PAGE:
LiteStep is a Windows Shell replacement for Windows 9x and up, licensed under the terms of the GNU General Public License (GPL).
LiteStep may appeal to people who like their desktop to be visually appealing, people who like to configure their environment, Unix/Linux users, and people who find the Start button interface that comes with Windows to be less than ideal. Like most of the commonly known Windows shell replacements, LiteStep is based on the idea of a small core that loads configurable modules (DLLs). LiteStep has a large number of modules allowing Windows users to configure their environment to be minimalistic or rich and full-featured . When needed, additional modules are downloaded and installed automatically. A theme for LiteStep is a collection of configurations, scripts and images stored in a .zip or .lsz file that, when installed, change the visual style of the desktop. When using recent themes with a recent version of LiteStep, installation is automatic.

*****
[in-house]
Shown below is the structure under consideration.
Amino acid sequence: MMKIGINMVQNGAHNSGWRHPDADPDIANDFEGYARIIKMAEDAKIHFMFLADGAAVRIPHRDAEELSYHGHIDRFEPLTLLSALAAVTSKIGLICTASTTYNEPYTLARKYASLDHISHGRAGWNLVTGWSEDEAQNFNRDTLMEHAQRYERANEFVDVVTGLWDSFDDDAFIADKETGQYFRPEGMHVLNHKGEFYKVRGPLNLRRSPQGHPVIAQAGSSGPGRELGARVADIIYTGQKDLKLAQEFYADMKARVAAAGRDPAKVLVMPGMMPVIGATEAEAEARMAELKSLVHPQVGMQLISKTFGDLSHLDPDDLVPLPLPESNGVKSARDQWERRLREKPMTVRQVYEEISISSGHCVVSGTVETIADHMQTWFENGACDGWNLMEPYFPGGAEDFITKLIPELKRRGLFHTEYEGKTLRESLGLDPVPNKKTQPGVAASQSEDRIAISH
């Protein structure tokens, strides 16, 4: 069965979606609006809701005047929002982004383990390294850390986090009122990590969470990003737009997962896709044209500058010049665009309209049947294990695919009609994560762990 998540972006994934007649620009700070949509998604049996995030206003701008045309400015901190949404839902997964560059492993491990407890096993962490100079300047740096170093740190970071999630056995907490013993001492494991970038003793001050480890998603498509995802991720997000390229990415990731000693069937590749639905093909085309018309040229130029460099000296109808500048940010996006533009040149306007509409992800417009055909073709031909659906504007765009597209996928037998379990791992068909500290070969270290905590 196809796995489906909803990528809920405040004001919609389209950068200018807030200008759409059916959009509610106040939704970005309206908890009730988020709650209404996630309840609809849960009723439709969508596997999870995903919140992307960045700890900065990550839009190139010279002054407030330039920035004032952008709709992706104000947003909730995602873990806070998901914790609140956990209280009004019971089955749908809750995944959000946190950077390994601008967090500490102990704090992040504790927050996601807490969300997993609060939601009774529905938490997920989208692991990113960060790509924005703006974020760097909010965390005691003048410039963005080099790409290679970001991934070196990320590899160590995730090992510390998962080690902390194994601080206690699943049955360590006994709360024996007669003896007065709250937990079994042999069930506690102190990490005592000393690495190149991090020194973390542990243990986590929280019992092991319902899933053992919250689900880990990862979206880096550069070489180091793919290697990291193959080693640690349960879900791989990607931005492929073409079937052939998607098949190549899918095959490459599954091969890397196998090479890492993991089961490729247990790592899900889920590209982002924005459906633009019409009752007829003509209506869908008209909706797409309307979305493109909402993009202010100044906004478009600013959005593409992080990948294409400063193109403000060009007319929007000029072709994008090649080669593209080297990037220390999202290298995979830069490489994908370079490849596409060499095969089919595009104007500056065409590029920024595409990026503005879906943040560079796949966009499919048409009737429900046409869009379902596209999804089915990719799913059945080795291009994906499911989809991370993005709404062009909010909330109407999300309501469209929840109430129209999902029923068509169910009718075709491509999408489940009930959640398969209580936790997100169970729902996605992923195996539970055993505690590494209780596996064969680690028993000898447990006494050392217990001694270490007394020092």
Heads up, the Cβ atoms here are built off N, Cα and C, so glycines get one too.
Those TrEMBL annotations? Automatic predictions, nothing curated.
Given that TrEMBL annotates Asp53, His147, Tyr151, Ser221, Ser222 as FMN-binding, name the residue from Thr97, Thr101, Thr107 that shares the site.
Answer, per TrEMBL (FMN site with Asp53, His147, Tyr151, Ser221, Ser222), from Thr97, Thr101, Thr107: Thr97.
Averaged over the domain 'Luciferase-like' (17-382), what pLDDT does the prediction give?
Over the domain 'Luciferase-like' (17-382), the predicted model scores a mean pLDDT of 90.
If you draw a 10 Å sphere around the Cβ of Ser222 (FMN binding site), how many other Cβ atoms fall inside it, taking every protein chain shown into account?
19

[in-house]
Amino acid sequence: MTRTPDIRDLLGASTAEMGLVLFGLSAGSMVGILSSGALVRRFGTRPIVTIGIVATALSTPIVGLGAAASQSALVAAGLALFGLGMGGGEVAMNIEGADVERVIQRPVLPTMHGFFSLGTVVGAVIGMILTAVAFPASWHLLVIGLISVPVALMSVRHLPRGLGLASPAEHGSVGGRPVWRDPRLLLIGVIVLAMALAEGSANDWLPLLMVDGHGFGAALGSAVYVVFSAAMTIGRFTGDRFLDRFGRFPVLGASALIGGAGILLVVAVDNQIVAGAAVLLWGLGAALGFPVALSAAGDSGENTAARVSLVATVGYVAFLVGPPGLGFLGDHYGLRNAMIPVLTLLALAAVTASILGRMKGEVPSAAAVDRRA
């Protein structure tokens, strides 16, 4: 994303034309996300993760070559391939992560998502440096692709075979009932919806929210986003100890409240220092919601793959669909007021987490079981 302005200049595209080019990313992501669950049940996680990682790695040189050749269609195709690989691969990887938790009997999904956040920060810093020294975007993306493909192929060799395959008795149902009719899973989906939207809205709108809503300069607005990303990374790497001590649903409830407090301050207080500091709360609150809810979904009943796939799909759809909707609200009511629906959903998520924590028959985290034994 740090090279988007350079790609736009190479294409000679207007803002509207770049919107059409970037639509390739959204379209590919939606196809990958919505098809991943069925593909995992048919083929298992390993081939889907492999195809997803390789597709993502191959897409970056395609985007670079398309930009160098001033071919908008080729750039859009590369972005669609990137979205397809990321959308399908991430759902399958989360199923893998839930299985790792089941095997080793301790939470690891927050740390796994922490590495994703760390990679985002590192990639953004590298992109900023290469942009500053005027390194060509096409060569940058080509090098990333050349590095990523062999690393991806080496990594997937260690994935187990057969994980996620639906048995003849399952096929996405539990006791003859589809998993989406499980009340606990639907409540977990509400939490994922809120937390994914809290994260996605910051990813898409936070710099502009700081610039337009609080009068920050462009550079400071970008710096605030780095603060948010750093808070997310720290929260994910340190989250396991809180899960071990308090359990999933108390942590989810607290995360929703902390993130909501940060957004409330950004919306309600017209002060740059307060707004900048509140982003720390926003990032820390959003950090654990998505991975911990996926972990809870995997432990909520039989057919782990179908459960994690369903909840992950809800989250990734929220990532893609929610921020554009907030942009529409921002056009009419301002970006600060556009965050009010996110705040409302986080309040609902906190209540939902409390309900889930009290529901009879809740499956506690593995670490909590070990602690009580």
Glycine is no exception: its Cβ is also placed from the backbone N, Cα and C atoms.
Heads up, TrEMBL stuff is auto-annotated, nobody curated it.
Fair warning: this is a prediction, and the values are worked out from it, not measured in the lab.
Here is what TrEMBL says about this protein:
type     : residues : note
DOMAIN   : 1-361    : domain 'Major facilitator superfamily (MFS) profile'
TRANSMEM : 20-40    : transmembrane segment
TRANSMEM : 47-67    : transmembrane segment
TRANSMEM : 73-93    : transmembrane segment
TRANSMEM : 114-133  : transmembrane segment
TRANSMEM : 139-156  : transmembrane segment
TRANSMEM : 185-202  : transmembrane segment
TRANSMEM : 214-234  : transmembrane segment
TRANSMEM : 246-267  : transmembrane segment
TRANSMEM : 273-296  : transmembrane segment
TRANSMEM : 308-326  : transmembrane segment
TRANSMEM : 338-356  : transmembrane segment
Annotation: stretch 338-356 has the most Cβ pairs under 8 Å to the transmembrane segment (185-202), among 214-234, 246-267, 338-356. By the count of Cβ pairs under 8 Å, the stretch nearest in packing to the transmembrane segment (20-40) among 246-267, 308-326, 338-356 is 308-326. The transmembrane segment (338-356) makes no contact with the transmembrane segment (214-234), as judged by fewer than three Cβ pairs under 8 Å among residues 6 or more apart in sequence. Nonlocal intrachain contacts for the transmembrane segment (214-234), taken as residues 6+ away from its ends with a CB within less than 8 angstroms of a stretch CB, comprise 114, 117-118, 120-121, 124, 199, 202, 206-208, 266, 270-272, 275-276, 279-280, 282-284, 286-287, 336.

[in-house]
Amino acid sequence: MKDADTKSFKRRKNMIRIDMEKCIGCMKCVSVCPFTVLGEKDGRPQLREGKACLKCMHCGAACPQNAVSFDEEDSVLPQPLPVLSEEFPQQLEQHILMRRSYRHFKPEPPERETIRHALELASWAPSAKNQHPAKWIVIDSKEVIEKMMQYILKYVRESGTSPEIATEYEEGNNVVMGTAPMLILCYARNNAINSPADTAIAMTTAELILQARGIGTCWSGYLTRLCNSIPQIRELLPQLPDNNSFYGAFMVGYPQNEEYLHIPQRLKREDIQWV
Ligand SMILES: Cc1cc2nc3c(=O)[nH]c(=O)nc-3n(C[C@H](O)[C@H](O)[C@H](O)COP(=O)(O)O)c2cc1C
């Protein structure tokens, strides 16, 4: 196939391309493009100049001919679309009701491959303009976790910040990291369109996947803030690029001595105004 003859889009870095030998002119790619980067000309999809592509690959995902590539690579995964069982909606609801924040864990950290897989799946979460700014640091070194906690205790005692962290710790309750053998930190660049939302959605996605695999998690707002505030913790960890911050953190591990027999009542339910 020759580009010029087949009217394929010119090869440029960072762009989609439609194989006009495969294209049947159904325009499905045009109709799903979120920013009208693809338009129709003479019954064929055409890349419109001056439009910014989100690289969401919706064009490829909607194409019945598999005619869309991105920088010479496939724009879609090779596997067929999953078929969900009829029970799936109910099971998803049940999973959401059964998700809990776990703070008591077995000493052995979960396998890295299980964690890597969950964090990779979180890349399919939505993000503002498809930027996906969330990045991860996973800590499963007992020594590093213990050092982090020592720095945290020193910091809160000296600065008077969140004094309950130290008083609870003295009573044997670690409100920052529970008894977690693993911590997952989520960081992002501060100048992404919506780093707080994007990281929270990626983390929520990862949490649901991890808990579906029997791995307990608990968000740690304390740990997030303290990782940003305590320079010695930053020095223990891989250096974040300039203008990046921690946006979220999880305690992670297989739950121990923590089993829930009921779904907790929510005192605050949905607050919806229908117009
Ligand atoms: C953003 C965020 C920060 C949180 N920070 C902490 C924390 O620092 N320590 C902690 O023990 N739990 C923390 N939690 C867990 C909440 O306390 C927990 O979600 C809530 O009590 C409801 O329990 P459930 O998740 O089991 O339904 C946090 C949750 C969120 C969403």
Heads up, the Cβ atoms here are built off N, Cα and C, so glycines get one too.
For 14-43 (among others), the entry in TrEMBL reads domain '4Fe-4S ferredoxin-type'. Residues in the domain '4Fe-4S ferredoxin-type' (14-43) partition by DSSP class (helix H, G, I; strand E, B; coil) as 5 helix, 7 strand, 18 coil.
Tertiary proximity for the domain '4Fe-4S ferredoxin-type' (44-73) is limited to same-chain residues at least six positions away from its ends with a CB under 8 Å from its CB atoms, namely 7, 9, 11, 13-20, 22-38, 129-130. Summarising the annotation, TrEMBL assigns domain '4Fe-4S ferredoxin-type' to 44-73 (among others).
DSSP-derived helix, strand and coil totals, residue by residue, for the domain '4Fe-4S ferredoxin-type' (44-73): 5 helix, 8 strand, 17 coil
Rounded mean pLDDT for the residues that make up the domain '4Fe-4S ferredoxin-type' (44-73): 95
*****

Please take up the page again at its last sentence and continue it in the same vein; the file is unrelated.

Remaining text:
LiteStep was inspired by AfterStep, which in turn was inspired by Nextstep. LiteStep was initially developed by Francis Gastellu as a closed source project until April 1998 (version b23), and was then entirely rewritten (versions 24 and up) by the newly assembled development team. LiteStep later inspired DarkStep, which supports scripting, and PureLS. It also inspired Phil Stopford in 1999 to start LDE(X), which is a complete and production-stable LiteStep-based Windows interface replacement. LiteStep is one of the oldest remaining Windows shell replacements. Over time, and due to the rise of popularity in freeform skinning, LiteStep desktop designs have tended to drift away from the AfterStep layouts seen under pre-24 versions.